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Sunday Favorites: Anna Maria's first Settlers


Anna Maria Island wasn't settled until the 1880s. It stood as a rugged and sparsely inhabited barrier island with untamed wilderness, dense mangroves, and untouched beaches. At that time no bridges connected the island to the mainland. Those who visited had only one option, to access the island by boat.

George Emerson Bean is often credited as one of the earliest settlers of Anna Maria Island. Born in  Ohio in 1848, Bean arrived on the island in the  1890s. As a successful businessman and entrepreneur, Bean recognized the potential of Anna Maria Island for agriculture and real estate development. He purchased large tracts of land and played a significant role in its early development, including establishing a homestead, cultivating crops, and promoting tourism to the area, according to a 2018  historical talk presented by Alexa Schofield, of the Florida Maritime Museum entitled “Anna Maria’s Early Settlers and the Cortez Bridges.”

In 1897, Samuel and Annie Cobb made their move to Anna Maria Island, drawn to the location by tales from their predecessor George Emerson Bean. They settled at the island's northern end, eager to start anew. Just a short time after arriving at their newfound home, Annie birthed a daughter and named her Anna Maria, after the idllyic island paradise. 

However, as aspirations grew for Anna Maria's burgeoning settlement, it became evident that a bridge was imperative to accommodate the influx of visitors. A search commenced for the right candidate to undertake this pivotal task. After careful consideration, the spotlight fell upon Jack Leffingwell, the son of a prominent Bradenton physician. With his credentials deemed fit for the job, Jack was entrusted with the crucial mission of constructing the bridge, heralding a new chapter in the island's accessibility and growth.

Leffingwell, had no experience building bridges per se, but he was a man of diverse talents and pursuits. Jack's contributions to the community were significant and varied. He was an innovator, navigating the waters of the Manatee River on his bicycle-like pedal boat. But it was in the realm of communication infrastructure that Jack truly made his mark. Well, respected for bringing telephone and telegraph lines to Manatee County, he played a pivotal role in modernizing the community with the new technology.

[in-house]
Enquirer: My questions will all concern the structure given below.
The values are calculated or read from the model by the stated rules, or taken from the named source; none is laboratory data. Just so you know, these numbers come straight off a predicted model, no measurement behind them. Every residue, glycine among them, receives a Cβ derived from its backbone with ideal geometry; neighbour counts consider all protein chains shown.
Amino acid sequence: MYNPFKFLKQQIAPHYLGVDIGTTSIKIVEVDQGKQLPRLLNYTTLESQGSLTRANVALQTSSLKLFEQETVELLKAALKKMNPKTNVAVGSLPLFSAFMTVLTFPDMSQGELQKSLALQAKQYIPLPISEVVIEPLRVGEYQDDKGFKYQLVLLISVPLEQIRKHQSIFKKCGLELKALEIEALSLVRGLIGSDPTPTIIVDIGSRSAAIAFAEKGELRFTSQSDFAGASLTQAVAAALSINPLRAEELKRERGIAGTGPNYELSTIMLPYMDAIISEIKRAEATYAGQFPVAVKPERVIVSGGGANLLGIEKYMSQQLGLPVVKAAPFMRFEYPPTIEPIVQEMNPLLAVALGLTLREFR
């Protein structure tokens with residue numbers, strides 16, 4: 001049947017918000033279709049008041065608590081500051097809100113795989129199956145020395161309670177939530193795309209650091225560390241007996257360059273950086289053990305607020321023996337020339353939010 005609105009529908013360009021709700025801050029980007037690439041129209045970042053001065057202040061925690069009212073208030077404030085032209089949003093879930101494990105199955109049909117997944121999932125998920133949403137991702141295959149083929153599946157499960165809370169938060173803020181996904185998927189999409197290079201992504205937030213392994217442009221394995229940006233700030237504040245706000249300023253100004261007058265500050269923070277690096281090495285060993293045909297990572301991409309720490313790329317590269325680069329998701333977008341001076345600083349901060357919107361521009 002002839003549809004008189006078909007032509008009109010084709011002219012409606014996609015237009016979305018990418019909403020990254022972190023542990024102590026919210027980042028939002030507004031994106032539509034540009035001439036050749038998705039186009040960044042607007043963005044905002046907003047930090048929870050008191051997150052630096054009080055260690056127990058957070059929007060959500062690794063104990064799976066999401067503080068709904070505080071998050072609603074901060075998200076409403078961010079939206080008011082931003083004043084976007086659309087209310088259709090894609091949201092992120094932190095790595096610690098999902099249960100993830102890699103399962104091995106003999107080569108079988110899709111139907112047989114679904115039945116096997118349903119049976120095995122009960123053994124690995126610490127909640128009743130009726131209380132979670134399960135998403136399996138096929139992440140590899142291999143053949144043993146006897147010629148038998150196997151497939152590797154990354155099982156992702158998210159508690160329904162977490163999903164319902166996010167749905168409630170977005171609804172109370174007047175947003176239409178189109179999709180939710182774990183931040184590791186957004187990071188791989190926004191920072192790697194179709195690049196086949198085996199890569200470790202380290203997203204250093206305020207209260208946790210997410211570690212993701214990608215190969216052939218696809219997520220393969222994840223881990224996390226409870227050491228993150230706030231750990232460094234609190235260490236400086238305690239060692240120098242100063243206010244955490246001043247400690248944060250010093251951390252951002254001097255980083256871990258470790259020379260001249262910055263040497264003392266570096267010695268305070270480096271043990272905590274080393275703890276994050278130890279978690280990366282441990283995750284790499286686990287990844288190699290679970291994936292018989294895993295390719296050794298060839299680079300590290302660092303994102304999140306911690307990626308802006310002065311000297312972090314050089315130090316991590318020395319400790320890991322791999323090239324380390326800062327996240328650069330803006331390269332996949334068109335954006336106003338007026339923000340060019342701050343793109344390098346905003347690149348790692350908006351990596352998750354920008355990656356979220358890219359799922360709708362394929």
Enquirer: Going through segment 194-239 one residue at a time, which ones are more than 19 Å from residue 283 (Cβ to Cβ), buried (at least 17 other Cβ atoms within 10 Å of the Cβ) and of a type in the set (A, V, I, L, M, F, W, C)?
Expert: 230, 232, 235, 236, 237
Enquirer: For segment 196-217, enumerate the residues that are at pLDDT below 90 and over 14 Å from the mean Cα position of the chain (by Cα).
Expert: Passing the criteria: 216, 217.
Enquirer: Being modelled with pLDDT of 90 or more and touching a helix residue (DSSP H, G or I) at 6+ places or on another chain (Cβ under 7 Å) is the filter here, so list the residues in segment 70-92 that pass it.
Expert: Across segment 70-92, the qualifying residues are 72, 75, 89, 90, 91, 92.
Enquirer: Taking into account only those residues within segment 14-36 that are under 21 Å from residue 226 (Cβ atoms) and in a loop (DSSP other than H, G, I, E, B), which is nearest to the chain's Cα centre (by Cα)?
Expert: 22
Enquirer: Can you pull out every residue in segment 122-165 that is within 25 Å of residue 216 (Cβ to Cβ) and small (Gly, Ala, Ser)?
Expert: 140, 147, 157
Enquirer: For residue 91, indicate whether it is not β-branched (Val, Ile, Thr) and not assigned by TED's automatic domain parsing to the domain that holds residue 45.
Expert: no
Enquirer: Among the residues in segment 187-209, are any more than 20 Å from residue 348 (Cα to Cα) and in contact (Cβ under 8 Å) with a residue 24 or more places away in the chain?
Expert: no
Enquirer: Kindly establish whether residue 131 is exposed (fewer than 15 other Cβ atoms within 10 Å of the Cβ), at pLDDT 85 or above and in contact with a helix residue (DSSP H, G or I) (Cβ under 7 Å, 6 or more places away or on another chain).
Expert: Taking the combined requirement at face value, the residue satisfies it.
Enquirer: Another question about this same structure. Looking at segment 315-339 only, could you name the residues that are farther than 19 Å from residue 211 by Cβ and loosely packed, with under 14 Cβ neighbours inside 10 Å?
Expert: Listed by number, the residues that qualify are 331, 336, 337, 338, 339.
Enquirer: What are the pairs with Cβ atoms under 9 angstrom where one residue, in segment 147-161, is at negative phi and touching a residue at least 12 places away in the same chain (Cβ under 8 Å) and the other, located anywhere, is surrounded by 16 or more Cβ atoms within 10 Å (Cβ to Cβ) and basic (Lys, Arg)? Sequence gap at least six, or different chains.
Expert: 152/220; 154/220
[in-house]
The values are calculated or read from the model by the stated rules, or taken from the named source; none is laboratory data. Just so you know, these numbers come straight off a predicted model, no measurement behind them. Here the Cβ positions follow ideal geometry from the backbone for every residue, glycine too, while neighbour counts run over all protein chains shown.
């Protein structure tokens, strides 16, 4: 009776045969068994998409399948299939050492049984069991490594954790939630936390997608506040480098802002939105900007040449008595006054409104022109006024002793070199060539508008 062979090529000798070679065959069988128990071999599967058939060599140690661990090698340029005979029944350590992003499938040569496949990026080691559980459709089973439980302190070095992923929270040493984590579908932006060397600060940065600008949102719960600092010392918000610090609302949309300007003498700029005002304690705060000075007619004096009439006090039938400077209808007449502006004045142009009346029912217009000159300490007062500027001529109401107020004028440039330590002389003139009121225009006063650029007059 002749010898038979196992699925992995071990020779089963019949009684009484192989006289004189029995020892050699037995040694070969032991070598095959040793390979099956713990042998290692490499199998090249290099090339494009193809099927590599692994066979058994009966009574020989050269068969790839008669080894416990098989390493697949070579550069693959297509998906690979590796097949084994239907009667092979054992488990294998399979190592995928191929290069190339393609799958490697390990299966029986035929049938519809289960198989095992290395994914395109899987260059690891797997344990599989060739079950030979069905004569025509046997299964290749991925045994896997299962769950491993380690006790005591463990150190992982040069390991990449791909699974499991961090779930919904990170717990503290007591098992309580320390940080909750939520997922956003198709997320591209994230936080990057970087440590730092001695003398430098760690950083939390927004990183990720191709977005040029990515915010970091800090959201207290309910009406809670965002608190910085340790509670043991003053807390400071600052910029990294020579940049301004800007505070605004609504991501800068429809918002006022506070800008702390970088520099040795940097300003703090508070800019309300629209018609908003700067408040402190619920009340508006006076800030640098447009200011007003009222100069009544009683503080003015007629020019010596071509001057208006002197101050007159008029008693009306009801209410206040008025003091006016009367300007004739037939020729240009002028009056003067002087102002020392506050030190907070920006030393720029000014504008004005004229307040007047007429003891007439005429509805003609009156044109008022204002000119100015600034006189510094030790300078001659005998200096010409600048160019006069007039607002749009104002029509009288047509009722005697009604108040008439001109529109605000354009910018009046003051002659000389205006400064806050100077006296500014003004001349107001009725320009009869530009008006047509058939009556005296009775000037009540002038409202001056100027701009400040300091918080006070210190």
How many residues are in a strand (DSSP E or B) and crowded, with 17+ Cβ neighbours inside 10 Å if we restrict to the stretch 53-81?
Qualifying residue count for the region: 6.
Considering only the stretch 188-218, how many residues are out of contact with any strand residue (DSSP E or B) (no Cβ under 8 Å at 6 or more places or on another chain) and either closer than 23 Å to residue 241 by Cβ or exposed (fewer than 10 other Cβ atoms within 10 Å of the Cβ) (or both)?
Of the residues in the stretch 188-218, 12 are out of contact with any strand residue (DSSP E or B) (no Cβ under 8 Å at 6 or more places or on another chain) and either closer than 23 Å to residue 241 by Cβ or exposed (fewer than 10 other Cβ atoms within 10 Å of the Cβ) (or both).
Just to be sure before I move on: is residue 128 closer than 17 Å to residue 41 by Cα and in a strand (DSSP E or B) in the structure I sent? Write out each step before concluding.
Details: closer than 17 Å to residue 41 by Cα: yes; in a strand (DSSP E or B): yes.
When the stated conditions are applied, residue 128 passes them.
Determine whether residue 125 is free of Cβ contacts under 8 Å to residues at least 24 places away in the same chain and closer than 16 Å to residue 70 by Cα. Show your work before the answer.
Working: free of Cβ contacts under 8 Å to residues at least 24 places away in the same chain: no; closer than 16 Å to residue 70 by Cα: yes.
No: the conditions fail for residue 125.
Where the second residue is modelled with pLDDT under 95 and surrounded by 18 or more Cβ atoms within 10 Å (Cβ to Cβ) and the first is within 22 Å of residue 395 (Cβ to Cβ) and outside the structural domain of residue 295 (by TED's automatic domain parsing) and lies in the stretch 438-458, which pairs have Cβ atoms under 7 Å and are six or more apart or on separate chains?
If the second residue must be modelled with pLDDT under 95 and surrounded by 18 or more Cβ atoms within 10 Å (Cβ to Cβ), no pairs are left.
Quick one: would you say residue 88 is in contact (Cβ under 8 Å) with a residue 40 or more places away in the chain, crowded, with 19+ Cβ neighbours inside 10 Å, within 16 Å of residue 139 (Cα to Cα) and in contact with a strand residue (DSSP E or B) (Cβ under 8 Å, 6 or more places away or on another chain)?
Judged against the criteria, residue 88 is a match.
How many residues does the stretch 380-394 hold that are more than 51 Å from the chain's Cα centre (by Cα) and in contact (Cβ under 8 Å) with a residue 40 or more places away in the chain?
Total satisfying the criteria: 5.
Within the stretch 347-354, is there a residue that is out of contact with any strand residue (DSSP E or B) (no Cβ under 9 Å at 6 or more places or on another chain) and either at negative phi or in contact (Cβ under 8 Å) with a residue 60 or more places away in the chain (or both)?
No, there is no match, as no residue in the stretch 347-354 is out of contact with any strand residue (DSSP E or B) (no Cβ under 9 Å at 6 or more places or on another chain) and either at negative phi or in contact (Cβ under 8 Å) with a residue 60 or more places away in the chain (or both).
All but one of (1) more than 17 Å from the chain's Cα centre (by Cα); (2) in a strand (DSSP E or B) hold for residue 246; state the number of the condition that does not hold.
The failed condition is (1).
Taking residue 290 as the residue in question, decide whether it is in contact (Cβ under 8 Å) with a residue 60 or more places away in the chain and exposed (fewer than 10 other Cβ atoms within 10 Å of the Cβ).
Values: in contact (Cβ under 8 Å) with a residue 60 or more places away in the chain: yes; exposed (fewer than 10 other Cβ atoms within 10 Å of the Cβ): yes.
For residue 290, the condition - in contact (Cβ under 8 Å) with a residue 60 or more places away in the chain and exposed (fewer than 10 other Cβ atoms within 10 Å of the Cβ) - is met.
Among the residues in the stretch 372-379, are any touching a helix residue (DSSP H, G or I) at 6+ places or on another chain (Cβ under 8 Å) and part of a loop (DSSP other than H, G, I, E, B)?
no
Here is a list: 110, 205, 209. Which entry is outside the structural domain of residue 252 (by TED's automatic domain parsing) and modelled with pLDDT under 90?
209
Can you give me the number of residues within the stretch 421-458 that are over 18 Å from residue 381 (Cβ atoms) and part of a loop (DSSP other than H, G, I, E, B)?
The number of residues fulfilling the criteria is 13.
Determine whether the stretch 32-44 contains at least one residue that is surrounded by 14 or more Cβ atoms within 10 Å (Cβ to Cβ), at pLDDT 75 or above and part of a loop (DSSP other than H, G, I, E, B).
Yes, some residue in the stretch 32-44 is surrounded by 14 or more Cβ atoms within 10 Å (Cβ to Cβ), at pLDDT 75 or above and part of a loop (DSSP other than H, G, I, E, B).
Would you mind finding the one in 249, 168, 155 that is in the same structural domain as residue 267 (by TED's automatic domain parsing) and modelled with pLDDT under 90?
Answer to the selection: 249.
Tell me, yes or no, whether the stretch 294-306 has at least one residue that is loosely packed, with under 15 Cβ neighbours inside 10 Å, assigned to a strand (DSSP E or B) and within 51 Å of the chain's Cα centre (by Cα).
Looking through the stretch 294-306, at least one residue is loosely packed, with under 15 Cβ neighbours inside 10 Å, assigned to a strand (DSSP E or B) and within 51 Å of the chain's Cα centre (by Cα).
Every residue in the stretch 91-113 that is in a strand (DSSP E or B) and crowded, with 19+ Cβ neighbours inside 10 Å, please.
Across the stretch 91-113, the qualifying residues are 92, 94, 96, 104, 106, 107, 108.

Leffingwell’s first attempt to build the bridge did not turn out as well as his telephone endeavor. In 1921, he began the construction. However, the ambitious project faced a devastating setback when a hurricane swept through the area in October of the that year. The powerful storm wreaked havoc, obliterating the bridge entirely along with approximately 80 percent of the Cortez waterfront and its docks. Despite the widespread destruction, a handful of residential homes and structures managed to withstand the fury of the hurricane, including the 1912 Schoolhouse, which now serves as the Florida Maritime Museum. The school served as a refuge for those seeking shelter from the tempestuous winds and rains.

After the hurricane's passage, construction efforts on the bridge resumed. It wasn't until eight months later that the bridge was finally completed. The total cost of the project amounted to approximately $58,000 at the time. This bridge, erected in 1922, served as a vital link, connecting to Bridge Street in what is now modern Bradenton Beach. Remarkably, remnants of the original structure can still be found today at the historic fishing pier situated at the end of Bridge Street, according to Schofield. 

Wind and weather deteriorated the wooden bridge in a matter of decades, rendering it increasingly rickety. My mother, who spent her childhood in Palmetto, painted a vivid picture of the bridge's instability. She recalls moments during school field trips when crossing the bridge aboard a bus was downright frightful! Its narrow width and tendency to sway in windy conditions only heightened the sense of unease.

In 1957, the wooden bridge was replaced with a new one. To assure spectators of the improved durability, local politicians decided to parade an elephant across it to showcase its sturdiness. Governor Spessard Holland was among the public figures that attended the event.

Interestingly enough, the second Cortez bridge had a tollbooth, charging 30 cents for passage, but miraculously, the return trip fwas free! When the cost of the bridge was paid off in 1964, the toll booth was removed, sparking celebrations among locals as reported by the Islander newspaper.

The first bridge established Bridge Street as an instrumental hub of local business. However, the construction of a new bridge further north prompted efforts to preserve the now historic street. Utilizing remnants of the 1922 bridge as a fishing pier, an initiative aimed at showcasing the island's heritage and instilling a sense of pride  reimagined Bridge Street. The endeavor sought to ensure that the historical significance of the original bridge site remained prominent, emphasizing the rich legacy embedded within the community's collective memory.


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  • Carolannfelts

    As always, thank you for your wonderfully written and well researched articles on our area’s history!

    Carol Ann Felts

    Sunday, April 7 Report this